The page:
Many seniors find once they reach retirement age that they finally have the time-and, if they planned well, the money-to do the things they’ve always wanted to do, whether that be travel around the world or take pottery classes at the local community college.
Unfortunately, while their minds may still be sharp as a tack, their bodies are just starting to let them down in a multitude of little ways; aches, pains, arthritis, etc. These physical limitations will only get worse with time. That’s the bad news.
The good news is, senior exercise can prevent many little health problems that would otherwise be an annoyance at best, and possibly even life-threatening at worst. From the time a person is over 50, exercise should play a guiding role in arranging their schedule. Fifty is no longer “old age;” why let your body think it is?
If you are looking towards retirement, or perhaps already retired, you should look into finding senior exercise programs that match your level of fitness and challenge you to do a little more than before. As with 20- and 30-year-olds, there’s a fine line to walk between challenging your body and damaging your body. This is where a senior exercise program or a personal trainer can come in handy. If you live in a large city, chances are good that your local community center will have.
But suppose it doesn’t? Alternately, suppose their “senior exercise” programs are geared towards people who are less physically fit than you are, or more fit? If you find yourself in a situation where the exercises are too challenging, you should explain the situation to the instructor and see if s/he offers gentle or “beginners” programs, or if s/he can recommend someone who does. Know your body’s limits. Exercise that’s a little more strenuous than you’re accustomed to prevents health problems; exercise that’s much more strenuous can cause them. You don’t want to damage your body trying to keep it healthy!
On the other hand, it may be that the exercise program isn’t strenuous enough. If that’s the case, you might consider quitting, unless you enjoy the chance to be around other seniors. There is something to be said for the health benefits of sharing activities with other people.
In either case, however, if you want to make the most out of senior exercise-or if your local community center doesn’t offer a senior exercise program-then you may find yourself on your own. If that’s the case, you may benefit from a senior exercise video. These videos range in difficulty from the very easiest exercises to some that are quite strenuous. You should have no problems finding one to suit your needs. There’s rarely any “one size fits all” solution for elderly exercise; seniors, like every other age group, have a wide range of physical ability.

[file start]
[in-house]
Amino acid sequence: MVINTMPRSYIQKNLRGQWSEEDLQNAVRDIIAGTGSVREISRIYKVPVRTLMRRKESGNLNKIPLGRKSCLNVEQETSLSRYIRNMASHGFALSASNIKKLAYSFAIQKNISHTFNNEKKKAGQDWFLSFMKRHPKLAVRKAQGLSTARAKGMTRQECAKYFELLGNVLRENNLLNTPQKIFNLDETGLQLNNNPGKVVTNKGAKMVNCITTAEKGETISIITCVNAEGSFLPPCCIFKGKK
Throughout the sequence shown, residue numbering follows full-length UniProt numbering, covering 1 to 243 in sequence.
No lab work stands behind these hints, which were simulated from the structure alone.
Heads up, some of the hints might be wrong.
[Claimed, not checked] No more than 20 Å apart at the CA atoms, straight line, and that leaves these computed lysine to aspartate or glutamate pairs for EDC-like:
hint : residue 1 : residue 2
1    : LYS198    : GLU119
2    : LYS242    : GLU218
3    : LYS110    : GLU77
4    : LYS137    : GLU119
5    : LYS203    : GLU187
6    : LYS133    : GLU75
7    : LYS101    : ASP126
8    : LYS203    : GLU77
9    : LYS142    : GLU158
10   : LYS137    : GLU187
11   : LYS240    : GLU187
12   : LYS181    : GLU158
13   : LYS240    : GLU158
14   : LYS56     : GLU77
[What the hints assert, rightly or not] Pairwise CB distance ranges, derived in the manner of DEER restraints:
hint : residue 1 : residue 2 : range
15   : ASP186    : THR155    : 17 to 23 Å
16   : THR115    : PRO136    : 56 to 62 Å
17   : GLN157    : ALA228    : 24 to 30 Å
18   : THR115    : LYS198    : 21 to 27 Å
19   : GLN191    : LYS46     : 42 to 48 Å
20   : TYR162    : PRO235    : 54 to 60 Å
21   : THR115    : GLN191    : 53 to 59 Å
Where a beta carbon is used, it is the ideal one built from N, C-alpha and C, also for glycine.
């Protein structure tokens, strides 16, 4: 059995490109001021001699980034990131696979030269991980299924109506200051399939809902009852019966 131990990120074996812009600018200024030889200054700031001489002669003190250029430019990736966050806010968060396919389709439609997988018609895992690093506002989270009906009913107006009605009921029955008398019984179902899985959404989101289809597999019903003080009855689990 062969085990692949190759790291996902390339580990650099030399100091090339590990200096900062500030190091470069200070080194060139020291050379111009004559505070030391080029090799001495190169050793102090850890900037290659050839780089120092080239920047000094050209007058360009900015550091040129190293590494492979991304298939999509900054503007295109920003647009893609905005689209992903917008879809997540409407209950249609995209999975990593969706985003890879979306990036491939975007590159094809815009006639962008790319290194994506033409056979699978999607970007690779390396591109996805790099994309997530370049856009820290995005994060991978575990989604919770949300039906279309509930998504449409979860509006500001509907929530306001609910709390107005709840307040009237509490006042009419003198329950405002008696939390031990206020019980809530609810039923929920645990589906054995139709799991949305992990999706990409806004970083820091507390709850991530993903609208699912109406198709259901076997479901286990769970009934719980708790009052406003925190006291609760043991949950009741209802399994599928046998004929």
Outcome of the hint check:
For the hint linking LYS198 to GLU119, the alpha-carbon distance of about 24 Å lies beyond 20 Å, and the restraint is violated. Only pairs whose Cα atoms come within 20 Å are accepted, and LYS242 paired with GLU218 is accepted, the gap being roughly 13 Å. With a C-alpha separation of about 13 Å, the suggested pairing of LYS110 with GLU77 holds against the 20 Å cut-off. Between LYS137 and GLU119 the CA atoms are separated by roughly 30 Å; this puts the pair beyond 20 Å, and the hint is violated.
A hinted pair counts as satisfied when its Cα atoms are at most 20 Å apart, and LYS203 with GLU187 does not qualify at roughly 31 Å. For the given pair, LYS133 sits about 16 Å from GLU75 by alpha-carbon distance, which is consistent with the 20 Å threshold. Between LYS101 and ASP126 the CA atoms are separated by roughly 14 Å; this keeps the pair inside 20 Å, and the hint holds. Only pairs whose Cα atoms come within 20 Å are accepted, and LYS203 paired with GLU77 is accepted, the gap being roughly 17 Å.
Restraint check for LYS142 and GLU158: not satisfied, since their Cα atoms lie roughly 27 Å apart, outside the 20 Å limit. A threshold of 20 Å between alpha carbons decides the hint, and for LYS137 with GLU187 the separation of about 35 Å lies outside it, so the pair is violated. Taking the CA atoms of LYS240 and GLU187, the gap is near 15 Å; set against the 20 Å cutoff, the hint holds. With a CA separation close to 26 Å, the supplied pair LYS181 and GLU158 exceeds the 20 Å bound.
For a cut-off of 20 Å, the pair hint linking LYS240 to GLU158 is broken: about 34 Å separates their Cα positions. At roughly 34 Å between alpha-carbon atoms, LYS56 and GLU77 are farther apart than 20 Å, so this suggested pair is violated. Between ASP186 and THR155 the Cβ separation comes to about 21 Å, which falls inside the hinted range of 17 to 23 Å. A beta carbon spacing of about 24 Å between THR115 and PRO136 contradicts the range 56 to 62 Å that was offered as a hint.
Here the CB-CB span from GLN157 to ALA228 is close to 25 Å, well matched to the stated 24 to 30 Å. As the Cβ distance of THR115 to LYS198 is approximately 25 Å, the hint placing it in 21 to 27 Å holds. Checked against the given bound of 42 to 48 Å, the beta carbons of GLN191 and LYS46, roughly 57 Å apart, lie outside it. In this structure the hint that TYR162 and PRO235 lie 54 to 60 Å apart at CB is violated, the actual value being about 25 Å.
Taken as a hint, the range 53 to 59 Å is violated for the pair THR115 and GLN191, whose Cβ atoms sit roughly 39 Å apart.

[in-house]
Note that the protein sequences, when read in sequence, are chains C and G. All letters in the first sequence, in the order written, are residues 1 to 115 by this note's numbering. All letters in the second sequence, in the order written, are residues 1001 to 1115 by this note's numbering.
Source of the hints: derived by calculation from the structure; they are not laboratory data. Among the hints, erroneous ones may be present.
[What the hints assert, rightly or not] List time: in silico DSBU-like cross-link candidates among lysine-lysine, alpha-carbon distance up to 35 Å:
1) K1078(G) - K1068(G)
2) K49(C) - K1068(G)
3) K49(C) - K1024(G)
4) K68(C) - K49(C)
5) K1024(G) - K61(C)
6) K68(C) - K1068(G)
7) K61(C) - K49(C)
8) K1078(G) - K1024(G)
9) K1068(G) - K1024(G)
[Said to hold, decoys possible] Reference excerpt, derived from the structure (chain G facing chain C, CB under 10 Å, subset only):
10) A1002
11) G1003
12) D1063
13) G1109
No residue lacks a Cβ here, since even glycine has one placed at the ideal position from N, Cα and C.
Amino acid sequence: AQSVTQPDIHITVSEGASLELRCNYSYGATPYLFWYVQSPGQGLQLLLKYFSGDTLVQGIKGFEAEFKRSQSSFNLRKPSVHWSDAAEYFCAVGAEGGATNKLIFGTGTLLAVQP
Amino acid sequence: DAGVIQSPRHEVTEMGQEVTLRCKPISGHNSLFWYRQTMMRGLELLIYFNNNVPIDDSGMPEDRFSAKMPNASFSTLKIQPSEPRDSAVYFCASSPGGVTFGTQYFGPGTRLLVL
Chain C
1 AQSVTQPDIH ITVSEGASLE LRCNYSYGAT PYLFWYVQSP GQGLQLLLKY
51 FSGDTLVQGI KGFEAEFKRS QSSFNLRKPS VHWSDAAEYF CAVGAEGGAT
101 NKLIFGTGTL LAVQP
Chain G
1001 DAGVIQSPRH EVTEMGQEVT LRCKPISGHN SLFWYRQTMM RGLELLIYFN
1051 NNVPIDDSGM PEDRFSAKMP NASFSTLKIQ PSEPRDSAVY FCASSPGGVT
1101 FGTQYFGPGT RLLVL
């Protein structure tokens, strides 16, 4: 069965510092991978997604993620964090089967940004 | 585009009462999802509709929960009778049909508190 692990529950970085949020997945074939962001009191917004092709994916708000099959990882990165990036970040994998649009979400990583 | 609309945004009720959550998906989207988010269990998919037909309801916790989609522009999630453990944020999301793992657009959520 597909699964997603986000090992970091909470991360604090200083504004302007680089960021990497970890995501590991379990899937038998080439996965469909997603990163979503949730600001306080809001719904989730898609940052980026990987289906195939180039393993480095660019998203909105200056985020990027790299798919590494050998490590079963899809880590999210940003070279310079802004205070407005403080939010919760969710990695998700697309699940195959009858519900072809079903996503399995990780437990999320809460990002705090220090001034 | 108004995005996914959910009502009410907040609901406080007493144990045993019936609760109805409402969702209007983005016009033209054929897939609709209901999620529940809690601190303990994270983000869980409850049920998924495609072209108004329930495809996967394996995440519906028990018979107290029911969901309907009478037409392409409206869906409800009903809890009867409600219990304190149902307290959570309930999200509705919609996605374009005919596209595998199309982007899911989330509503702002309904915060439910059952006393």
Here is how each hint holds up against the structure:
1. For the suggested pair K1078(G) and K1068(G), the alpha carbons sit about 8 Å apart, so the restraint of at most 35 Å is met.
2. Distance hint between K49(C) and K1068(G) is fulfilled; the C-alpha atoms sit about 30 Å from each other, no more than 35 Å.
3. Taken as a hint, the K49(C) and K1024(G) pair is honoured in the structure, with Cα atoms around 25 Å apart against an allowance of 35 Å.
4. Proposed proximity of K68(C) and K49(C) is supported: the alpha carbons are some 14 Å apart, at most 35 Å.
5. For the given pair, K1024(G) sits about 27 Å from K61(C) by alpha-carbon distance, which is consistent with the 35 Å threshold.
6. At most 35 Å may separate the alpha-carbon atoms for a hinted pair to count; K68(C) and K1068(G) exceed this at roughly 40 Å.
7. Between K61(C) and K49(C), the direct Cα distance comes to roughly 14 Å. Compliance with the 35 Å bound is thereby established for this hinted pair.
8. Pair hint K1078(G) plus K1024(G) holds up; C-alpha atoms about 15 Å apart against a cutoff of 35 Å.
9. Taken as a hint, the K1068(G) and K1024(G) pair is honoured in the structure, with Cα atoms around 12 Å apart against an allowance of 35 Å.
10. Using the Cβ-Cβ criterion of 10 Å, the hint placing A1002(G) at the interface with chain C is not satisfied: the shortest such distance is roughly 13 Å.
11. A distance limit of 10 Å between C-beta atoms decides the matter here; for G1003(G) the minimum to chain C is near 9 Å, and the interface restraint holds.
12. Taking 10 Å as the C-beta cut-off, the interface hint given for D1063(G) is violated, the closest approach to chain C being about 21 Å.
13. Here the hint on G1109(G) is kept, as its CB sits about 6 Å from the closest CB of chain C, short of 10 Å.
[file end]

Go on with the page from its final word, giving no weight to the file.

Seniors should never overlook the most basic of activities; walking is a gentle, repetetive exercise that helps keep you fit and healthy. If you’re able, consider climbing stairs several times a day. The longer you climb stairs, the longer you’ll be able to climb stairs. Senior exercise equipment may also be a good choice for you. It’s typically more gentle on joints and bones than other forms of exercise equipment. Or, try a senior exercise chair, if other forms of senior exercise equipment seem too strenuous.
Exercise for women over 50 should take into account the softening of their bones. Even if you don’t suffer from osteoarthritis or osteoporosis, there’s still a good chance that your bones are losing density. Your exercise program must realize that, and make protecting your bones a primary focus.
Whether you’re just walking around the block or you’re actively engaged in an intense senior exercise program at your local community center, you cannot afford to overlook the importance of exercise. Studies have shown that elderly exercise can help prevent a multitude of health problems.
Half an hour to an hour of gentle senior exercise seven days a week, for example, may help prevent heart attacks and strokes. It can also help prevent or even cure depression, especially (but not only) if you can find a good senior fitness program to join. Exercise helps keep blood sugar stable, and can often help prevent diabetes, or keep your diabetes under control if you already have it. And these are only a small sampling of the health problems that senior exercise can help treat or prevent! The list could go on for several pages.
The simple fact of the matter is that for people over 50, exercise is even more important than for younger people. Using your joints and muscles is the best way to keep them useable. Just as an engine will “freeze up” when it isn’t used, your body needs regular exercise in order to be able to function properly. In short: keep moving if you want to be able to keep moving!
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